India’s Healthcare Infrastructure In Covid Under Stress. Why?

Since March, the second wave of the Covid-19 pandemic has viciously spread throughout the country, with cases rising again. The second wave came rapidly and broke all records of the pandemic set last year. Daily cases are at an all-time high. Since April 7 2021, the country has reported more than one lakh (1,00,000) daily cases. Each coming day is setting a new record of positive cases. On April 19 2021, the country added 2,59,167 cases. The second wave also broke the record for the highest daily death toll due to the pandemic. It reported 1,761 deaths on April 19.

On April 12, India overtook Brazil to become the second-most Covid-19 affected country in the world. Many states in the country have already announced a wide range of lockdown restrictions that are just shy of a complete lockdown. The second wave has brought the country’s Healthcare Infrastructure to a breaking point. Social media is flooded with harrowing stories of patients waiting for days to find a hospital bed. Finding a hospital bed also does not ensure that patients get access to Oxygen. Social Media has also become a platform where people reach out for help as the system fails to reach those in need.

In this article, we look at what led to the current woes of the healthcare system in the country. Read ahead to find out.

Lack of Hospital Beds

Patients who have tested positive for the virus find it challenging to find hospital beds in their city as there is an acute shortage. In many cities, patients have to wait for days on end for one hospital bed. Even before the pandemic, India had an acute shortage of hospital beds. The country had about 0.5 beds for 100 people against the global average of 2.9 beds. The shortage has been so severe that the Indian Railways had to turn its empty train coaches into Covid-19 wards at the pandemic’s beginning last year.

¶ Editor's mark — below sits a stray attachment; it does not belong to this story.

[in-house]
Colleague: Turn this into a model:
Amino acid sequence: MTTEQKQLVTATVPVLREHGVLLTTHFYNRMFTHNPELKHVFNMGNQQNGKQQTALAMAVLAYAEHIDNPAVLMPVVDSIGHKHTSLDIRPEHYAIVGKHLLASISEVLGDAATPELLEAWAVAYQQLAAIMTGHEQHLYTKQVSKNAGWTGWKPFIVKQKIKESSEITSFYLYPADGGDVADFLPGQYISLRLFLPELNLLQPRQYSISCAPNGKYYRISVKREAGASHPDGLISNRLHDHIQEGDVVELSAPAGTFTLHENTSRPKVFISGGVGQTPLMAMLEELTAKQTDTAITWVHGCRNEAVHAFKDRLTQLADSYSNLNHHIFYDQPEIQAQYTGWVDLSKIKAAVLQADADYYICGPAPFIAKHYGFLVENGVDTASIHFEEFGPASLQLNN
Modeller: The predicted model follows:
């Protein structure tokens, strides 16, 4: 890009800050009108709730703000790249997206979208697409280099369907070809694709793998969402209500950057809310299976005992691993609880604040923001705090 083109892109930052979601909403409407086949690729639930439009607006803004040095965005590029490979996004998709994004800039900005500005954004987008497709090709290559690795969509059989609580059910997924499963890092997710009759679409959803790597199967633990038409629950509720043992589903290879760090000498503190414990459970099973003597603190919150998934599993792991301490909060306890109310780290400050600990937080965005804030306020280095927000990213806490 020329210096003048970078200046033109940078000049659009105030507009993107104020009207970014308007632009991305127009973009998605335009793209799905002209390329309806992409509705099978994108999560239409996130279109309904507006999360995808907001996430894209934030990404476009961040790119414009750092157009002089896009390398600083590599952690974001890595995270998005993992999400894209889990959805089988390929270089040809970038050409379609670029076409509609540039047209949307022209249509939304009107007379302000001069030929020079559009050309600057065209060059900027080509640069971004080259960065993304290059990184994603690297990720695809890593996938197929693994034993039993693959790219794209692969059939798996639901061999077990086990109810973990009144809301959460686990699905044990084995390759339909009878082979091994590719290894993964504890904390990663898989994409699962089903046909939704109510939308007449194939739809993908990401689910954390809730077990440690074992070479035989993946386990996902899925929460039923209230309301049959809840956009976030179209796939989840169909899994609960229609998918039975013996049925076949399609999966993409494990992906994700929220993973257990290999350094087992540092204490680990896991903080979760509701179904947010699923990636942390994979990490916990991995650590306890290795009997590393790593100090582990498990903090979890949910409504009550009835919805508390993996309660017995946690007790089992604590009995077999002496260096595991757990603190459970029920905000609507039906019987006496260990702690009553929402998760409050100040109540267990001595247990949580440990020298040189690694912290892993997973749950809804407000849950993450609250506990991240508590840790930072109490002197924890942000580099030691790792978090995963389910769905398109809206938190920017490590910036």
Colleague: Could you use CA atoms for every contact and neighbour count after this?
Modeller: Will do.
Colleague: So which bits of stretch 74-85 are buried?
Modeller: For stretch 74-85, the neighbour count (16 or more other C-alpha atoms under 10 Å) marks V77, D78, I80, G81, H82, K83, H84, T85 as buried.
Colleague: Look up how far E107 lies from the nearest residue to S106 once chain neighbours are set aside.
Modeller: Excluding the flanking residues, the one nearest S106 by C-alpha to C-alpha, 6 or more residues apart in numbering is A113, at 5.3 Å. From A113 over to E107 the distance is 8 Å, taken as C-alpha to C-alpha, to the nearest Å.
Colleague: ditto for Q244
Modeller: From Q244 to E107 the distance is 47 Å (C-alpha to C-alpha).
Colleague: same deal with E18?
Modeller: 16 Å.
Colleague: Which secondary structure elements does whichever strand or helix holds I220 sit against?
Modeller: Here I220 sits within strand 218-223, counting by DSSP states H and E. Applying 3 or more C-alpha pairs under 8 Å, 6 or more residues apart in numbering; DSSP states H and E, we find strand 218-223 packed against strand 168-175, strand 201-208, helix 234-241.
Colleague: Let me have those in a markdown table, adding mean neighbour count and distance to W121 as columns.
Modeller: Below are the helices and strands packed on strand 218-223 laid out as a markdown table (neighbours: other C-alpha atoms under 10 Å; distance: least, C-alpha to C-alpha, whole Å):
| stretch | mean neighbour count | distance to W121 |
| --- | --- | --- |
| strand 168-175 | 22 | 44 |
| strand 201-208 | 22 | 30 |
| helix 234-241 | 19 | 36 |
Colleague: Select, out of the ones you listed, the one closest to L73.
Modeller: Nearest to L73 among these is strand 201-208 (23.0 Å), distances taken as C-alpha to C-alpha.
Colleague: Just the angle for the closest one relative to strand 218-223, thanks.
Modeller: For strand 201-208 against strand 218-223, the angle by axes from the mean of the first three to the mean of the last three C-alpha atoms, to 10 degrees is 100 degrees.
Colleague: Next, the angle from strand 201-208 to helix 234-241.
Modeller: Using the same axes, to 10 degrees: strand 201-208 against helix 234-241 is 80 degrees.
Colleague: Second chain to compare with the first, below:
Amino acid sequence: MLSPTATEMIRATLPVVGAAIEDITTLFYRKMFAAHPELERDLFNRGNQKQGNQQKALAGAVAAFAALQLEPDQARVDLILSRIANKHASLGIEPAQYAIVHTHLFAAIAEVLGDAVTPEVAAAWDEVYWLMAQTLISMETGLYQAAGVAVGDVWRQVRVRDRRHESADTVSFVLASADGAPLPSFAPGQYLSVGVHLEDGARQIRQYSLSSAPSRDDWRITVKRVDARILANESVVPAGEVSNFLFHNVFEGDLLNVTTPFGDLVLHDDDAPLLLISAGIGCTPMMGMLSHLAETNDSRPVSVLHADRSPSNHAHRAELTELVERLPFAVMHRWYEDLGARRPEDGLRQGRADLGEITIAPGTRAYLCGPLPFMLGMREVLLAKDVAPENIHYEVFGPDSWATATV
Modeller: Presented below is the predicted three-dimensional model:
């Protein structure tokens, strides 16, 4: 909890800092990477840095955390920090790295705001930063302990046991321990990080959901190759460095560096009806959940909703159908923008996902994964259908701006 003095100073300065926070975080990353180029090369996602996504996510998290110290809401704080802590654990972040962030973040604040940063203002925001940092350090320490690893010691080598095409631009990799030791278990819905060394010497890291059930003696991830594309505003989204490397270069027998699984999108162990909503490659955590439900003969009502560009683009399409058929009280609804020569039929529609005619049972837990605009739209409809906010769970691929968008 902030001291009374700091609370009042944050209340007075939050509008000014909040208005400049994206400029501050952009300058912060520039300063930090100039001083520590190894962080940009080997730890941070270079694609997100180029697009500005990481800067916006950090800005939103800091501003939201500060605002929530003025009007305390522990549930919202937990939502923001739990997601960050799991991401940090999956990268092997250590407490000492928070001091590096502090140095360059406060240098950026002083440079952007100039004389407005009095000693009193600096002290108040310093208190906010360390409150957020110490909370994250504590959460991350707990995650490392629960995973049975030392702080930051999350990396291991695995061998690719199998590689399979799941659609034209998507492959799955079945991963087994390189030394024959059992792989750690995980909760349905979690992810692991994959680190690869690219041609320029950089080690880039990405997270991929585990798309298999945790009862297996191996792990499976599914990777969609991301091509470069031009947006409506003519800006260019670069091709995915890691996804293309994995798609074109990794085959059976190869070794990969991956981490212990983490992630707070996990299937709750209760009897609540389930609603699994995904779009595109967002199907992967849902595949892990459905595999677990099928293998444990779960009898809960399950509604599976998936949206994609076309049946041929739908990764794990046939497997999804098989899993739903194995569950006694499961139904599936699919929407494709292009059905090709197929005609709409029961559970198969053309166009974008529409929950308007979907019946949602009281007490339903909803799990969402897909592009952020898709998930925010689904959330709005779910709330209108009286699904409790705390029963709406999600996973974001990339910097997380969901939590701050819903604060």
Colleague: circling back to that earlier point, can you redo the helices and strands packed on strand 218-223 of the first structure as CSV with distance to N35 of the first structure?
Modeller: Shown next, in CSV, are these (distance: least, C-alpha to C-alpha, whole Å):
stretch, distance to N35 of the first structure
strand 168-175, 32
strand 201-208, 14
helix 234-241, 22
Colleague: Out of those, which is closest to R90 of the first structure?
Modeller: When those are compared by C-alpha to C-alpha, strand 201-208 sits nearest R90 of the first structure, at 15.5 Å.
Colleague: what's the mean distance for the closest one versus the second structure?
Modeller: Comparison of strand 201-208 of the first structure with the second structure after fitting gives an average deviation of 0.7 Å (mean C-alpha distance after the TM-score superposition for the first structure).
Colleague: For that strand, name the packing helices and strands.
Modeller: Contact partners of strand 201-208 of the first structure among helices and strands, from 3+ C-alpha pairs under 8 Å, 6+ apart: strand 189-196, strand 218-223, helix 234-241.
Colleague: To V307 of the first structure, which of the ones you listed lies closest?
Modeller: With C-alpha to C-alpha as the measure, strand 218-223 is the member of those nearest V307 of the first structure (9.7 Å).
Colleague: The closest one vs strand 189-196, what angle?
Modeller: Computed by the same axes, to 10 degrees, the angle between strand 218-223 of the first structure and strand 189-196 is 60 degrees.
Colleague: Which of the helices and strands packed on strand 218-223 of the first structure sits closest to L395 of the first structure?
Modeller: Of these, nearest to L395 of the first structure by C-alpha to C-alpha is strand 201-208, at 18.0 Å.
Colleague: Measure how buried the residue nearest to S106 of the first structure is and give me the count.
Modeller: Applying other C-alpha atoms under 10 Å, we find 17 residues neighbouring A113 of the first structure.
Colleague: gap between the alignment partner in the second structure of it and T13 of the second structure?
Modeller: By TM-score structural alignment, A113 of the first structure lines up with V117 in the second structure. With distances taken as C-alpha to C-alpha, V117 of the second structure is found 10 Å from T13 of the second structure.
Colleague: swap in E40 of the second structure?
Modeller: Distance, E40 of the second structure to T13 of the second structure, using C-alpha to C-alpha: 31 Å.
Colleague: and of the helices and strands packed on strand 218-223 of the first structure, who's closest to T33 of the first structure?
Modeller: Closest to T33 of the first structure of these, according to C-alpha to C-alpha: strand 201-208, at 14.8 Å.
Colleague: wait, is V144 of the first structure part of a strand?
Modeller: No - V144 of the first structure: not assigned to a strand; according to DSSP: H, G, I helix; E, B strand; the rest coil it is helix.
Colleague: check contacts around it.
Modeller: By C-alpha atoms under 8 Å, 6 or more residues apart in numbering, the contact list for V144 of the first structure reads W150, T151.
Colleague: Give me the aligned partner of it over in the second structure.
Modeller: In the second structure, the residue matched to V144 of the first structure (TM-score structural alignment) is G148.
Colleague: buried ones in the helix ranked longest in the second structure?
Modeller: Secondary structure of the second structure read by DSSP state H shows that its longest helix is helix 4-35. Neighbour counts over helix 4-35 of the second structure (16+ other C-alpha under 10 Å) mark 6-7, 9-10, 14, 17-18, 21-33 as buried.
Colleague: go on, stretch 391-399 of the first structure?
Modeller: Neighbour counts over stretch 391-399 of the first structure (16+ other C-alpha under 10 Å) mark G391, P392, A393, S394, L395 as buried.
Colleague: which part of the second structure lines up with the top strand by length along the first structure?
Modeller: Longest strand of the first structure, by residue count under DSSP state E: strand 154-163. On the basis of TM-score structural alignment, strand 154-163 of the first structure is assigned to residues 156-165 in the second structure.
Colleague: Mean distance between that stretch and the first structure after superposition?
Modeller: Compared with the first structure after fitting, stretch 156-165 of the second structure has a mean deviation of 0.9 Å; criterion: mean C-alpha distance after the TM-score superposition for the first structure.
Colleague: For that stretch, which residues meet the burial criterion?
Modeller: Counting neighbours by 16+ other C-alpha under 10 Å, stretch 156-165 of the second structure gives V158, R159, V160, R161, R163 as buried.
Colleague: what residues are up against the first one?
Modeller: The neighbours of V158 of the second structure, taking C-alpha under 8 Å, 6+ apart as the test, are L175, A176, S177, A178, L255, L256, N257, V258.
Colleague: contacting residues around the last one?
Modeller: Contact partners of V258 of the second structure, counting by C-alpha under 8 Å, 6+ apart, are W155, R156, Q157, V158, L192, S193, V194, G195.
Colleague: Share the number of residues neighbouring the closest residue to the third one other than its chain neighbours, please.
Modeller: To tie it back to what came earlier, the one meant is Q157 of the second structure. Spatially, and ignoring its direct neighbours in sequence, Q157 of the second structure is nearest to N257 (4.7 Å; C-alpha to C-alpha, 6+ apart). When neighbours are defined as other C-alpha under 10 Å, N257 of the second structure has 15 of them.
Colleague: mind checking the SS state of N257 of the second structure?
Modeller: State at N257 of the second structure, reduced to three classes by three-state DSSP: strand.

During the second wave, more people are getting tested due to paranoia. The mutation of new variants of the virus, which are more transmissible, has also led to a sharp increase in cases. This excess load on labs testing Covid-19 samples has increased the turn around time to 2 to 3 days, preventing quick isolation of positive patients.

During the first wave last year, many exceptional covid hospitals were erected and run by respective state governments. These dealt with the acute shortage of beds but were closed as cases reduced gradually and demands fell. Now that the cases are at an all-time high, and the number of beds is alarmingly low due to the absence of such exceptional covid hospitals, it will take some more time to get such facilities running again. Even if 15% of the patients who have tested positive require hospitalization in Maharashtra, hospitals won’t cope with the demand. There is an acute shortage of beds in Uttar Pradesh, Bihar, Gujarat, and NCR Delhi.

Shortage of Oxygen Cylinders

As the second wave worsened and hospitalizations increased, the demand for Oxygen also soared. Maharashtra has reported a severe shortage of Oxygen, and demand has gone beyond its daily production capacity of 1,250 tonnes. The Delhi government has also said that it is facing an acute shortage of Oxygen. The Indian Government has banned the supply of Oxygen for industrial use and restricted it to only nine industries. The Indian Railways has also started transporting Oxygen across the country.

The central Government put the onus of oxygen shortage on the states. Commerce Minister Piyush Goyal asked the states to keep their oxygen demand under control. When the pandemic began last year, it was clear that Oxygen would be a life-saving necessity in the coming days. India would have had to ramp up its production quickly to meet the demand. However, it took the Government eight months to float tenders for bidders to set up Pressure Swing Adsorption Oxygen Plants in 150 district hospitals across the country in October 2020. Even as April 2021 approached, the health ministry said that 59 such plants would be installed in the country by the month-end. Most of the installed plants are not even functional.